Giannakos v. New York Companies (Sup. Ct., New York Cty.) (filed Oct. 19, 2007)
Legal Momentum served as plaintiff co-counsel.
Background of the Case
New York City is one of only a handful of places in the country that prohibit employment discrimination against victims of domestic violence and require an employer to provide a victim with “reasonable accommodations” to help the victim do her job and stay safe. Legal Momentum helped to draft and advocate for this law, enacted in 2001 and strengthened in 2003. New York State’s Penal Law also makes it illegal to fire a victim of crime for being absent from work to meet with a prosecutor.
Summary of the Case
Legal Momentum filed this case on behalf of a victim of domestic violence who was fired from her job after she missed two days of work to seek medical attention and meet with a prosecutor after she was attacked by her boyfriend.
Our client was brutally attacked by her boyfriend just days after beginning a new job in New York City. She quickly told her employers what happened, and informed them that that she would need to miss work to obtain medical attention, and to meet with a prosecutor about the case against her boyfriend. While Ms. Giannakos was meeting with the prosecutor two days later, her employer called to tell her she was being fired. He didn’t change his mind, even after the prosecutor told him it was illegal to fire a crime victim for missing work to meet with a prosecutor.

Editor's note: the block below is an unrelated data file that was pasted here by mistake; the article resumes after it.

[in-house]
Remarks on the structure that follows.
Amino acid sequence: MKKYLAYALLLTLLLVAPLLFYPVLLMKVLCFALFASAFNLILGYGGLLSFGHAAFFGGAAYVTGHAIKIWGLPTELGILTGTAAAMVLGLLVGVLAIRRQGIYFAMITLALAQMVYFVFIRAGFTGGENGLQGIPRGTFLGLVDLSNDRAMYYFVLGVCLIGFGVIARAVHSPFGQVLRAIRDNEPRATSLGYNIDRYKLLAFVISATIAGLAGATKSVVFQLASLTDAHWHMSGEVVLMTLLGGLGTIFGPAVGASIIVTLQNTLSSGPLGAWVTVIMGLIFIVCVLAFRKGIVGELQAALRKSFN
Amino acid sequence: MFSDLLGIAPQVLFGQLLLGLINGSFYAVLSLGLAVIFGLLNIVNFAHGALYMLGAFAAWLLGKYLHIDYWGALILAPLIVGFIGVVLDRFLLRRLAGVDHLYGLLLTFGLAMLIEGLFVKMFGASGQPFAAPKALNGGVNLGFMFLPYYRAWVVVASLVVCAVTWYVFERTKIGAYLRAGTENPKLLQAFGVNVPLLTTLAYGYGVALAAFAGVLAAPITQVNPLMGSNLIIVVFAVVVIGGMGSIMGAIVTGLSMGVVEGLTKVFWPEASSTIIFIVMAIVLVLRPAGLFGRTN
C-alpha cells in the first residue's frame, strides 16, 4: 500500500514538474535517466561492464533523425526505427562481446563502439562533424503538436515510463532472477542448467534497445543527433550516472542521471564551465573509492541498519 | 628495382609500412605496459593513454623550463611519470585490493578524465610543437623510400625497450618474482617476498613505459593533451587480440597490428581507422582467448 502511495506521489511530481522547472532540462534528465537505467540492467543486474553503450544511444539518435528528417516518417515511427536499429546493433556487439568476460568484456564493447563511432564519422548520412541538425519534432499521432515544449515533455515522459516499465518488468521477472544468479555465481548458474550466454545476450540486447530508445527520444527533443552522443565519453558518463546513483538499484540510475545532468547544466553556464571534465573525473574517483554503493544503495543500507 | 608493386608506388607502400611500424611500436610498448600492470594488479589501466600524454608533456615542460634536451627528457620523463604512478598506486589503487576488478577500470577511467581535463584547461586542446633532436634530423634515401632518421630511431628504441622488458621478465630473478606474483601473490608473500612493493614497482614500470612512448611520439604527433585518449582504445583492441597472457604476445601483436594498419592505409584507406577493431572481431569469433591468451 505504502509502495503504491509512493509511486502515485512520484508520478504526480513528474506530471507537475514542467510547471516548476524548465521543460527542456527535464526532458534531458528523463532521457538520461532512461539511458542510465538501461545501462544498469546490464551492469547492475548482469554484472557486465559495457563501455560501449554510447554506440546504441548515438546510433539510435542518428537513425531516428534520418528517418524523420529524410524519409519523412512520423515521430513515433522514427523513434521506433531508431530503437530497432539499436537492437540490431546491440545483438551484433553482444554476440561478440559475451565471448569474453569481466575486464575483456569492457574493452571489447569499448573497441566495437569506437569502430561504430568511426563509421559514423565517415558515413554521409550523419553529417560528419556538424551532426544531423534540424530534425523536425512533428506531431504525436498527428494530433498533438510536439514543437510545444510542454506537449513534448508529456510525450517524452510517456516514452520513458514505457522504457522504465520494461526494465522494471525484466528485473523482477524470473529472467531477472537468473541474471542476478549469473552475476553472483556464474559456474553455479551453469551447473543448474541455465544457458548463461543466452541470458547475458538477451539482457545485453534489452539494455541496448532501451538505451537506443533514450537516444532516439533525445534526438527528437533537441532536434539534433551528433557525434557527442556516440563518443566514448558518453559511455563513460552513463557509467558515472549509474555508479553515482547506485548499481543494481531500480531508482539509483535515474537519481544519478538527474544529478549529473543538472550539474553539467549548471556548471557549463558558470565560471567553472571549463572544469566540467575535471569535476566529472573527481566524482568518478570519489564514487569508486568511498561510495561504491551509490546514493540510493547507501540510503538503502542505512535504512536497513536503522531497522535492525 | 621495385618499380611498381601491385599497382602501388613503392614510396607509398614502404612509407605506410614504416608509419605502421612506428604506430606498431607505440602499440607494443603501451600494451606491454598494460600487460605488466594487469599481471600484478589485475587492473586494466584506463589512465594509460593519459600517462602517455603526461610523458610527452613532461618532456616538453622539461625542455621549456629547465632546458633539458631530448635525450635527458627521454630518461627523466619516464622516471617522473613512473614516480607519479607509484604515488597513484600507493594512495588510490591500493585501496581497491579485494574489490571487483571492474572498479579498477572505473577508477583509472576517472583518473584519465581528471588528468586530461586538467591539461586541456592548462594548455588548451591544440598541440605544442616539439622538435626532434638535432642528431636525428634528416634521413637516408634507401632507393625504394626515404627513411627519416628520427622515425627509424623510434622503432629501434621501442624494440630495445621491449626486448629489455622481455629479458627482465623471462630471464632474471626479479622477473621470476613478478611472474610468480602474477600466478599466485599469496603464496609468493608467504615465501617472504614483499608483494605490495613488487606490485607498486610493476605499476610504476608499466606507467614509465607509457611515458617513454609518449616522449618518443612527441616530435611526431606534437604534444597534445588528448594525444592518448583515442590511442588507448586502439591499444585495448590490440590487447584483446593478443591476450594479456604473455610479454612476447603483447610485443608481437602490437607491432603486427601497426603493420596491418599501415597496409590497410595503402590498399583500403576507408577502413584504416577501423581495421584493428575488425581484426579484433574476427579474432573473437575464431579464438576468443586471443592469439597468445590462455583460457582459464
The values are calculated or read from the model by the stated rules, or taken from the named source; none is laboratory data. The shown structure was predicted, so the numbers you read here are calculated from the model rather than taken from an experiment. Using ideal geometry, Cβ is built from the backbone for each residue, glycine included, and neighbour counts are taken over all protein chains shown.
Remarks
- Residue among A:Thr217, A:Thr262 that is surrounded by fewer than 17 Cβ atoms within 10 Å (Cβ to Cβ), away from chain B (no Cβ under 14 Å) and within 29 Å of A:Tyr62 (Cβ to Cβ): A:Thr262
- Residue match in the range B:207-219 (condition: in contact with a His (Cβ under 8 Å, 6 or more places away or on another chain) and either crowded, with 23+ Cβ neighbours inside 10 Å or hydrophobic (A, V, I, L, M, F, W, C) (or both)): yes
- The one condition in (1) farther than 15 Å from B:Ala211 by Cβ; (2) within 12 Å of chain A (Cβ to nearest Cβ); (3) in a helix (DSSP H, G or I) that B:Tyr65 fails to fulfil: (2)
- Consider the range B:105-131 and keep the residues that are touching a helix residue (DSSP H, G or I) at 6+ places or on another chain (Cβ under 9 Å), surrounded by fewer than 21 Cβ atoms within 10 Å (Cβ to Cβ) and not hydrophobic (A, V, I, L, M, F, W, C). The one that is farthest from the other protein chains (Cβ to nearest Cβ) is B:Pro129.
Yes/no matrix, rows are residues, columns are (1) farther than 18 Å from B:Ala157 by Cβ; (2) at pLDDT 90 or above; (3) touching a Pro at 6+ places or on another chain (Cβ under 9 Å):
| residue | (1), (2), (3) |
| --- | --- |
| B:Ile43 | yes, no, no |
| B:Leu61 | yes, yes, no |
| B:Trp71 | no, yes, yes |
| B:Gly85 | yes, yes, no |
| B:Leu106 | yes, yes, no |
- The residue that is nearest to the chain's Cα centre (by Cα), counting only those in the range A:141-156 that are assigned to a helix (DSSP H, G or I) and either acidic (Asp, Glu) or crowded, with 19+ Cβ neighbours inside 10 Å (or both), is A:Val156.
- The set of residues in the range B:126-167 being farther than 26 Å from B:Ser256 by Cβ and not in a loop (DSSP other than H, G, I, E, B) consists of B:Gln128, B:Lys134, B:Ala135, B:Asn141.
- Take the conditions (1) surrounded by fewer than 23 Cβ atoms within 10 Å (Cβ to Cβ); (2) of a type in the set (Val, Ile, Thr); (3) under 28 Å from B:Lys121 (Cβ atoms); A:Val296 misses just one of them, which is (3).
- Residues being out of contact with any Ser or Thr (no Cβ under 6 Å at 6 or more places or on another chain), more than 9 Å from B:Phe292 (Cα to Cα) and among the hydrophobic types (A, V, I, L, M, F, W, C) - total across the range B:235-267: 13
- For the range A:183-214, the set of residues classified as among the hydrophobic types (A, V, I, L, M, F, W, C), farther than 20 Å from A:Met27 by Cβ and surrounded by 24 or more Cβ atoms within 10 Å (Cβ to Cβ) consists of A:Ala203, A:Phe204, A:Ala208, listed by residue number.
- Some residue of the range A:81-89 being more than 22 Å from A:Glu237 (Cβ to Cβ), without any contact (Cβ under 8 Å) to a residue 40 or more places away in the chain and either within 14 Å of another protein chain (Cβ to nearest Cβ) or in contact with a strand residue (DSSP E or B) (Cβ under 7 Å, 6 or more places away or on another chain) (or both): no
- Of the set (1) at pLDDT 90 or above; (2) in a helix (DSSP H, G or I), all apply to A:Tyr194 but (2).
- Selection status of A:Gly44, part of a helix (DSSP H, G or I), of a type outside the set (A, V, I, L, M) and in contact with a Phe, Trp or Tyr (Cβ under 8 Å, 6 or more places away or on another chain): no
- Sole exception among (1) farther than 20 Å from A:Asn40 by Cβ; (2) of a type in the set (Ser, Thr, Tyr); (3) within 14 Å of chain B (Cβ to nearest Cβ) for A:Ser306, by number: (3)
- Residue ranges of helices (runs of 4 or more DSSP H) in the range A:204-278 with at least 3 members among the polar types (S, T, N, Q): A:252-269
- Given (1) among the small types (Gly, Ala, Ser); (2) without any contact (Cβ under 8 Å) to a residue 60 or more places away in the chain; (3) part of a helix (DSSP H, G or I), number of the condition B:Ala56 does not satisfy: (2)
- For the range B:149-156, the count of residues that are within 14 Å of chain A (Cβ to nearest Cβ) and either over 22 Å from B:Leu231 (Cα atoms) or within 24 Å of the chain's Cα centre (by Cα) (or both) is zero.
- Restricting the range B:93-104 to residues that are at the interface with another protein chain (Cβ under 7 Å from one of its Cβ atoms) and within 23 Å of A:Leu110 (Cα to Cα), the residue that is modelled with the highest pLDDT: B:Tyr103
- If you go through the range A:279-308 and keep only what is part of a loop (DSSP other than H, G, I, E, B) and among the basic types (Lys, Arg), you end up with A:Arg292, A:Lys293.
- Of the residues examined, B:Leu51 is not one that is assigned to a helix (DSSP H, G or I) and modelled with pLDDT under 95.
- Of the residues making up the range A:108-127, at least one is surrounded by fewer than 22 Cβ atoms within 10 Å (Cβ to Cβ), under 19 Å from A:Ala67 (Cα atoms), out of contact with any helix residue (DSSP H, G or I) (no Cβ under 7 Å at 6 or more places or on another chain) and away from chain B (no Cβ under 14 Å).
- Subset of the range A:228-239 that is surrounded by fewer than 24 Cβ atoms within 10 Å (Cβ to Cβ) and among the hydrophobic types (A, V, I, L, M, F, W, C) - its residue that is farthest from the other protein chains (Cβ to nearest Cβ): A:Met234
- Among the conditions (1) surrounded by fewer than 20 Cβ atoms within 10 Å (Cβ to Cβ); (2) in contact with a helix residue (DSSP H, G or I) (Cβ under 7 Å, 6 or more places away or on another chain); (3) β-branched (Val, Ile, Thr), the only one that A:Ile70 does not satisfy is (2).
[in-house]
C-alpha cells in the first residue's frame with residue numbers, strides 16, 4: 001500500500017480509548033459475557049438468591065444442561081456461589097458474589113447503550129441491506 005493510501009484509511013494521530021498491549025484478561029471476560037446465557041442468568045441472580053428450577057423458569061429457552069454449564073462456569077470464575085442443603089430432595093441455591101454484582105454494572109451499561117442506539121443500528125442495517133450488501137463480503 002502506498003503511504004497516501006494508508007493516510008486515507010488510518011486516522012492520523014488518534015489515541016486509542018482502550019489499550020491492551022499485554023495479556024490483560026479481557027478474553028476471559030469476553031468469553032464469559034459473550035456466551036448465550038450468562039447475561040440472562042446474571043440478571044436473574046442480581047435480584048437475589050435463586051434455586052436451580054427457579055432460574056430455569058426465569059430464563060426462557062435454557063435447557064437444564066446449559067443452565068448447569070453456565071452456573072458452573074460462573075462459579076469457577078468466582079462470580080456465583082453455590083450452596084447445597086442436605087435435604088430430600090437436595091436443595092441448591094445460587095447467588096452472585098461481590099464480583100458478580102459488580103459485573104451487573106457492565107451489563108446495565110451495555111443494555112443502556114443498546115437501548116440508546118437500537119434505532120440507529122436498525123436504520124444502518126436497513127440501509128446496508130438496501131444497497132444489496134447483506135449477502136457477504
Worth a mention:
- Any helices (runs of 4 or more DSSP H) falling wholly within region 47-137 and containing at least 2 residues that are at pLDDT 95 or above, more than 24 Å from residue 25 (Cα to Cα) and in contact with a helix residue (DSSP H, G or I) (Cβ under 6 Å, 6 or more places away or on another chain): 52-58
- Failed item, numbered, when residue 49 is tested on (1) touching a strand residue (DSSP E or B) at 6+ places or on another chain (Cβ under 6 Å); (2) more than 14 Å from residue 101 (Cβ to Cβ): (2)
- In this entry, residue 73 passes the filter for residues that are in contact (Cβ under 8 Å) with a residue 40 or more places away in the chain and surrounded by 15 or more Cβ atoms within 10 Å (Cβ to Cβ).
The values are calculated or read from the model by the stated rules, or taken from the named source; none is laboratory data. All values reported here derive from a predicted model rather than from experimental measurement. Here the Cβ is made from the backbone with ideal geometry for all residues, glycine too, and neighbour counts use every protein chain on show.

Our lawsuit, filed in October 2007, alleged that Ms. Giannakos’ termination violated the anti-discrimination and reasonable accommodation provisions of New York City’s Human Rights Law, and that firing her for missing work to meet with a prosecutor violated New York State Penal Law. The Verified Complaint is available here for download.
Outcome of the Case
The case was resolved in 2010.
- Violence Against Women and Girls
- Workplace Equality and Economic Empowerment